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Donald Trump says the US killed Iranian General Qassem Soleimani to 'stop a war'
3 January 2020, 21:23
Donald Trump has insisted he ordered the killing of Iranian General Qassem Soleimani to "stop a war".
In the first press conference since the announcement of Soleimani's death, Mr Trump said Soleimani had been "plotting imminent and sinister attacks on American diplomats and military personnel".
General Qassem Soleimani "made the death of innocent people his sick passion", Mr Trump said from his estate in Palm Beach, Florida, adding "a lot of lives would have been saved" if he had been hunted down years ago.
He went on to say: "But we caught him in the act and terminated him" and "We take comfort knowing his reign of terror is now over."
Mr Trump stressed: "We took action last night to stop a war.
"We did not take action to start a war."
The US president also said that he admired the Iranian people and that the US is not seeking a regime change.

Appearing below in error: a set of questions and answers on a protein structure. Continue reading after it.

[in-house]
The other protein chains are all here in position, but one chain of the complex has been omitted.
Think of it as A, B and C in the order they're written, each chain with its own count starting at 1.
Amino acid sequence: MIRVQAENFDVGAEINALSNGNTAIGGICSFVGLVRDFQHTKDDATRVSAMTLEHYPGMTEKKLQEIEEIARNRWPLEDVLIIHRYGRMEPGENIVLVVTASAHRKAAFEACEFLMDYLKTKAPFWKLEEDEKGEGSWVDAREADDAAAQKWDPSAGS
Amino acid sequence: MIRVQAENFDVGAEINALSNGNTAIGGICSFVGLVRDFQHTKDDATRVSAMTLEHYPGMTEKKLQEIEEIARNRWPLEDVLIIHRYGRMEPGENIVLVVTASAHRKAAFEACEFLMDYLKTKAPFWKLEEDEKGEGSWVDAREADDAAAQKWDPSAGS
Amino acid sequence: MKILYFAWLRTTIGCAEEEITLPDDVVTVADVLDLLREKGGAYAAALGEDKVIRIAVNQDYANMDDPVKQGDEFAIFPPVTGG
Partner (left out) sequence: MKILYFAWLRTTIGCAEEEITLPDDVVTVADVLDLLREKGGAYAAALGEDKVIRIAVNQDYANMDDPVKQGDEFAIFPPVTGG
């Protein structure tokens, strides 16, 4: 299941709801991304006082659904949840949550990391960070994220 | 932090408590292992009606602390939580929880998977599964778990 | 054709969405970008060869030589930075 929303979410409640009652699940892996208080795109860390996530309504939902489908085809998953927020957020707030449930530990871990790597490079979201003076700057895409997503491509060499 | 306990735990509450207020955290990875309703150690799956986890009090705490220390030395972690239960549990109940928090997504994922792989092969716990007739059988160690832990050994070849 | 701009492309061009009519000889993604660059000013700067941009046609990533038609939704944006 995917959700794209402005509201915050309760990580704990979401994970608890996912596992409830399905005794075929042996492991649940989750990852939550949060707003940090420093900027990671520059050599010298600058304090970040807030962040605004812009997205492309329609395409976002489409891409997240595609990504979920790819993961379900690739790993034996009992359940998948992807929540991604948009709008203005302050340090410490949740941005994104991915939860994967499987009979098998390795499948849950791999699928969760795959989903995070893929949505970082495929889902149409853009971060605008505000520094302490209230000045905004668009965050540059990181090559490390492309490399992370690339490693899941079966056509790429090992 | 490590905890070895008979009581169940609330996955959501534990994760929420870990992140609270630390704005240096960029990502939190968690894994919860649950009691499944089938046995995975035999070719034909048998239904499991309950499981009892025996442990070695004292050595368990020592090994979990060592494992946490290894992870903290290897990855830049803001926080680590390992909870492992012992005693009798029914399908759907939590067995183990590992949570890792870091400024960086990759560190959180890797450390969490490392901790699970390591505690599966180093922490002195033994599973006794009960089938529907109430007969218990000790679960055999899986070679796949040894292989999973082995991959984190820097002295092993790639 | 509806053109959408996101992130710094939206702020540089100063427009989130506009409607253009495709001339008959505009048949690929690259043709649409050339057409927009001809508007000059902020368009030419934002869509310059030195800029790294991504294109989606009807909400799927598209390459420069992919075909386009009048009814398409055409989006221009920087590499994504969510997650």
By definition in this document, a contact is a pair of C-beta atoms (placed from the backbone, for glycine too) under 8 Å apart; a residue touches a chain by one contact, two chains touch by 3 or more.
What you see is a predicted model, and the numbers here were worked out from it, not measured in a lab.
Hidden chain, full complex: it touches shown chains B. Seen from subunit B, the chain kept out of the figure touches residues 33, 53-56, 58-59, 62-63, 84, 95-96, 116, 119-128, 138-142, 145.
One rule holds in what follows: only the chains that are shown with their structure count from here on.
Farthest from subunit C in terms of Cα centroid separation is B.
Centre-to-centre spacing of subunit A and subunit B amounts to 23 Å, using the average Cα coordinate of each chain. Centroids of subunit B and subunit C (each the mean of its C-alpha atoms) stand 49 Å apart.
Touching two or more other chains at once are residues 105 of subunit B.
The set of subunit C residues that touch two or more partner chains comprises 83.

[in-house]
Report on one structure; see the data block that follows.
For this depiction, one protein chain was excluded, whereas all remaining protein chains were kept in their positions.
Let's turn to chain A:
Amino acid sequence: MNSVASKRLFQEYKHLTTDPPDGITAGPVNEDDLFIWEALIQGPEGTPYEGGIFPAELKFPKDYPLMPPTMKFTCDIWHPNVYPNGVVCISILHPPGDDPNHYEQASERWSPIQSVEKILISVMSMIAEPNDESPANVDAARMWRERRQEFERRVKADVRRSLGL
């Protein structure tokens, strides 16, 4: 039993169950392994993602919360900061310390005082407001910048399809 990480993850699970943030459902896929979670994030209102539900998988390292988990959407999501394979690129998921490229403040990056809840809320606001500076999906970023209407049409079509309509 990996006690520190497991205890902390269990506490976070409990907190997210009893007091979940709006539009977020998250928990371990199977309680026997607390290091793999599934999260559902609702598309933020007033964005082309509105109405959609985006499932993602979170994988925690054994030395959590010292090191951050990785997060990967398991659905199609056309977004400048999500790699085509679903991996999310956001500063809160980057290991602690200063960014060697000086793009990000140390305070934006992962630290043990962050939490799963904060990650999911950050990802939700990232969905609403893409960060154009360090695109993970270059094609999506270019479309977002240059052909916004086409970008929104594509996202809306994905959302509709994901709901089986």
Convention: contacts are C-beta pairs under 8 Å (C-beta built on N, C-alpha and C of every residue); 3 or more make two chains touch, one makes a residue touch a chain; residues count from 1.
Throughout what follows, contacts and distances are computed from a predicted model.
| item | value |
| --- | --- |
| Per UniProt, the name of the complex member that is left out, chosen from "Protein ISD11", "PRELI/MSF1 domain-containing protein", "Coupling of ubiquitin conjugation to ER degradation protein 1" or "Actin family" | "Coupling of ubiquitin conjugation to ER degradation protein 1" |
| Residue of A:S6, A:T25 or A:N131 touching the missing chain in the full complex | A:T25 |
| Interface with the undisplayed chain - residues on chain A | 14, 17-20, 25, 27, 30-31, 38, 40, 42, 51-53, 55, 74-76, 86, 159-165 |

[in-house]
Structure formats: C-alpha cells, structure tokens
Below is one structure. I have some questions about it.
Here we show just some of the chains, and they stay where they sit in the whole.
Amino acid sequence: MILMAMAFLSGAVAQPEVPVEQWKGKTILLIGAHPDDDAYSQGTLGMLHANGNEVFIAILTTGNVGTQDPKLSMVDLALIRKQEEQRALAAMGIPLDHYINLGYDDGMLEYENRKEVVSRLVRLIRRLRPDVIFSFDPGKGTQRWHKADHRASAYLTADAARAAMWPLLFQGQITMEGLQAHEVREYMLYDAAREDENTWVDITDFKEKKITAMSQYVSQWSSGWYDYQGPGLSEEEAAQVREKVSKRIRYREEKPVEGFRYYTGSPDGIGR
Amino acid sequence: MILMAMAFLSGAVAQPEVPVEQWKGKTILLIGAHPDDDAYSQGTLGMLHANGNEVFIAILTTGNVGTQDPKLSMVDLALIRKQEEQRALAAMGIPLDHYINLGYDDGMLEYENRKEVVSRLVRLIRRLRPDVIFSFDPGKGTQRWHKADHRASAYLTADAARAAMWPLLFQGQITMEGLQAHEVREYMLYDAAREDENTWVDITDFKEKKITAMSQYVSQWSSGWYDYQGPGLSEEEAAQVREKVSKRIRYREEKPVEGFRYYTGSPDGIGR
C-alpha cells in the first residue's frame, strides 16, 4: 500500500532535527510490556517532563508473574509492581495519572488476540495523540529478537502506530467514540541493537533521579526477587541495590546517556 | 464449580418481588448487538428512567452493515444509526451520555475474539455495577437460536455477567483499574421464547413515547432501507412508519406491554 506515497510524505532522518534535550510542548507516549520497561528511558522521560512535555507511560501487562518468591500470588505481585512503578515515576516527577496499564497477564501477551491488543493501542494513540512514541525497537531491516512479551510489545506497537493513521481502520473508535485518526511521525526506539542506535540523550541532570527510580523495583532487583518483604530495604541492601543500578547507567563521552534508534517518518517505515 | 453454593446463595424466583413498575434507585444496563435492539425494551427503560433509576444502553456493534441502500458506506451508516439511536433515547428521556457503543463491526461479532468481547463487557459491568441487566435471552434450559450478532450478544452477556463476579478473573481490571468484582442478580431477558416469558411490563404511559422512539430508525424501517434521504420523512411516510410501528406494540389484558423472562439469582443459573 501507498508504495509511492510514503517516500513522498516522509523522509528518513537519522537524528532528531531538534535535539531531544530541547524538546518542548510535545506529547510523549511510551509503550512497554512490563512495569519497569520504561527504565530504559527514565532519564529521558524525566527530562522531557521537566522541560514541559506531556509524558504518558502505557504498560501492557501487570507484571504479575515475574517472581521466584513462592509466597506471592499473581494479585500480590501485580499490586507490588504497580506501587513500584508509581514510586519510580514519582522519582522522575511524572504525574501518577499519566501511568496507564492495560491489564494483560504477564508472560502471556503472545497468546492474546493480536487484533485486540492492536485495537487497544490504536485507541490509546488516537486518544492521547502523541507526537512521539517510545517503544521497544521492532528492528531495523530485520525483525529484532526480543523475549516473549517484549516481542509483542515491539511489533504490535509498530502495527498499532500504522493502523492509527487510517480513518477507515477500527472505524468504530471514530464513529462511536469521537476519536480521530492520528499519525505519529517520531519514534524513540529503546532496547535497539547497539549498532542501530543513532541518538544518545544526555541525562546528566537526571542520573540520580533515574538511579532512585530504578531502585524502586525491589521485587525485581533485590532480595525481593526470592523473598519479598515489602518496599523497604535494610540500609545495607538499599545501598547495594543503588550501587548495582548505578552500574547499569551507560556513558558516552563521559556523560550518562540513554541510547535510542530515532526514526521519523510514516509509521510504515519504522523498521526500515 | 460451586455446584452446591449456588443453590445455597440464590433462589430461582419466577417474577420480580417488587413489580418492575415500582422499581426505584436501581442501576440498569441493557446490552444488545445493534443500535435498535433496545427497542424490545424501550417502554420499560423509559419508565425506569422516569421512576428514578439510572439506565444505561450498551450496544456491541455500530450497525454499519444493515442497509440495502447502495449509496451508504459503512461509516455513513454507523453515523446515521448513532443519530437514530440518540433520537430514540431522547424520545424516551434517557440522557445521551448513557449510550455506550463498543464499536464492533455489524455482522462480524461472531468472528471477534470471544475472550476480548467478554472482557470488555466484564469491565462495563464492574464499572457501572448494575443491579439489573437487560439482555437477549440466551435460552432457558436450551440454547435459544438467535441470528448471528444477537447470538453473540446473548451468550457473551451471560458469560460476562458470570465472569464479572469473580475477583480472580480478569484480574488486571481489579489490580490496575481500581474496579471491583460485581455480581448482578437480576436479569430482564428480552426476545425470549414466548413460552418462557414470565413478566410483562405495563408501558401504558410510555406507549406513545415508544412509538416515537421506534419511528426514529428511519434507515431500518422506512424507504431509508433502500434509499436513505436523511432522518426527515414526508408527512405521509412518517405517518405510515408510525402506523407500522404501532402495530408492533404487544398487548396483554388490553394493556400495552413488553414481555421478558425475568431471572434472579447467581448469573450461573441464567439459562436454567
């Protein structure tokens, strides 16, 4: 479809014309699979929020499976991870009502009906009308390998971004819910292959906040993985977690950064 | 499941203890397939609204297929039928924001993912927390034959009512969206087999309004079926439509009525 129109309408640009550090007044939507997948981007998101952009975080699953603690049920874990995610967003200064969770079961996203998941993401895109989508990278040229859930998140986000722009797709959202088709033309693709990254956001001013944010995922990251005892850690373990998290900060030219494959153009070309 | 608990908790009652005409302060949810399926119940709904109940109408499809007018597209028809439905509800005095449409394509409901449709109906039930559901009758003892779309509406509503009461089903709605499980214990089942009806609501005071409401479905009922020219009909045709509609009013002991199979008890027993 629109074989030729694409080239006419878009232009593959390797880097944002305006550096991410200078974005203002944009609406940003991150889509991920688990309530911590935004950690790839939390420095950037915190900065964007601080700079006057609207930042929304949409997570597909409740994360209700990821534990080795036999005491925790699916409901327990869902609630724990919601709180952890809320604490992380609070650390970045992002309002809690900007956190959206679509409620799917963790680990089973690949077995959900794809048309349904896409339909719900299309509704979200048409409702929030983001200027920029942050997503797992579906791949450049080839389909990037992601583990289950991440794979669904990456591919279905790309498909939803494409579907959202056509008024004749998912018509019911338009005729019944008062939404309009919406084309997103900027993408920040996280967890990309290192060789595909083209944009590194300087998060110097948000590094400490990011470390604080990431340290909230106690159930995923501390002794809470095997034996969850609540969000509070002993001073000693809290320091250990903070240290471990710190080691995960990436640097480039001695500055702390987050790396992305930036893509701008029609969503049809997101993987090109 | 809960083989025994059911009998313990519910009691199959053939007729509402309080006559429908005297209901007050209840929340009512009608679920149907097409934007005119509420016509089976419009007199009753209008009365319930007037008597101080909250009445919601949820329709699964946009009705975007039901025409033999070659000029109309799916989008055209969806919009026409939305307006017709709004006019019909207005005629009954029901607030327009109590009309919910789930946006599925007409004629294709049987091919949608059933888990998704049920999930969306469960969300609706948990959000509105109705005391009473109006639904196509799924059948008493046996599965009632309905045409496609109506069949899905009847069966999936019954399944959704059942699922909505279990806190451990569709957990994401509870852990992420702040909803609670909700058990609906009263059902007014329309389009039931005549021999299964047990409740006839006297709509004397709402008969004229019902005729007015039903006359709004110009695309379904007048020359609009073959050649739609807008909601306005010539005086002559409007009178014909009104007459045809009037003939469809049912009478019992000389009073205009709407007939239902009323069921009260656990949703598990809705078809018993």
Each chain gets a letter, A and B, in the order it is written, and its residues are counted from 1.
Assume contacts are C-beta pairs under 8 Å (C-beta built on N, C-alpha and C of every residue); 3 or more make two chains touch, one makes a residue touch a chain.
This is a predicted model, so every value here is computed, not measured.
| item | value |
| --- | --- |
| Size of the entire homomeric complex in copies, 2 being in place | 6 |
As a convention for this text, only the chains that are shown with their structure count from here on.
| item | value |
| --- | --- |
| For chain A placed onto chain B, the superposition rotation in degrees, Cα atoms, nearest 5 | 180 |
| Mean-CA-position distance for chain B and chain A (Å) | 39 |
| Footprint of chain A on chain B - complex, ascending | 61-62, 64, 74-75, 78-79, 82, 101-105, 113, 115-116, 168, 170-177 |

"The future belongs to the people of Iran, to those who seek peaceful coexistence and cooperation, not the terrorist warlords," Mr Trump said.
He also claimed the world was a safer place without "monsters" such as Gen Soleimani.
Mr Trump said: "If Americans anywhere are threatened we have all of those targets fully identified and I am ready and prepared to take whatever action is necessary, and that particularly refers to Iran."
The President stuck to his script, keeping his speech short. He didn’t take any questions at the end of the press conference.
Soleimani was killed in the early hours of Friday morning in a targeted strike at Baghdad Airport in the neighbouring Iraq in the early hours of Friday morning.
Iran's upper echelons swiftly vowed "crushing revenge" for the assassination, which follows years of tensions between the Islamic Republic and the US.
Mr Trump's speech comes after the US sent an extra 3,500 troops to the region. While military sources say this was a long-planned deployment and not a reaction to the attack on Friday, some of the troops will be based in Iraq.
Boris Johnson is yet to make a statement on Iran, but sources say that he was not warned in advance about the US airstrike in Iraq which killed the top Iranian general.
Jeremy Corbyn has written to the prime minister to demand answers to a series of questions following the US assassination of Qassem Suleimani.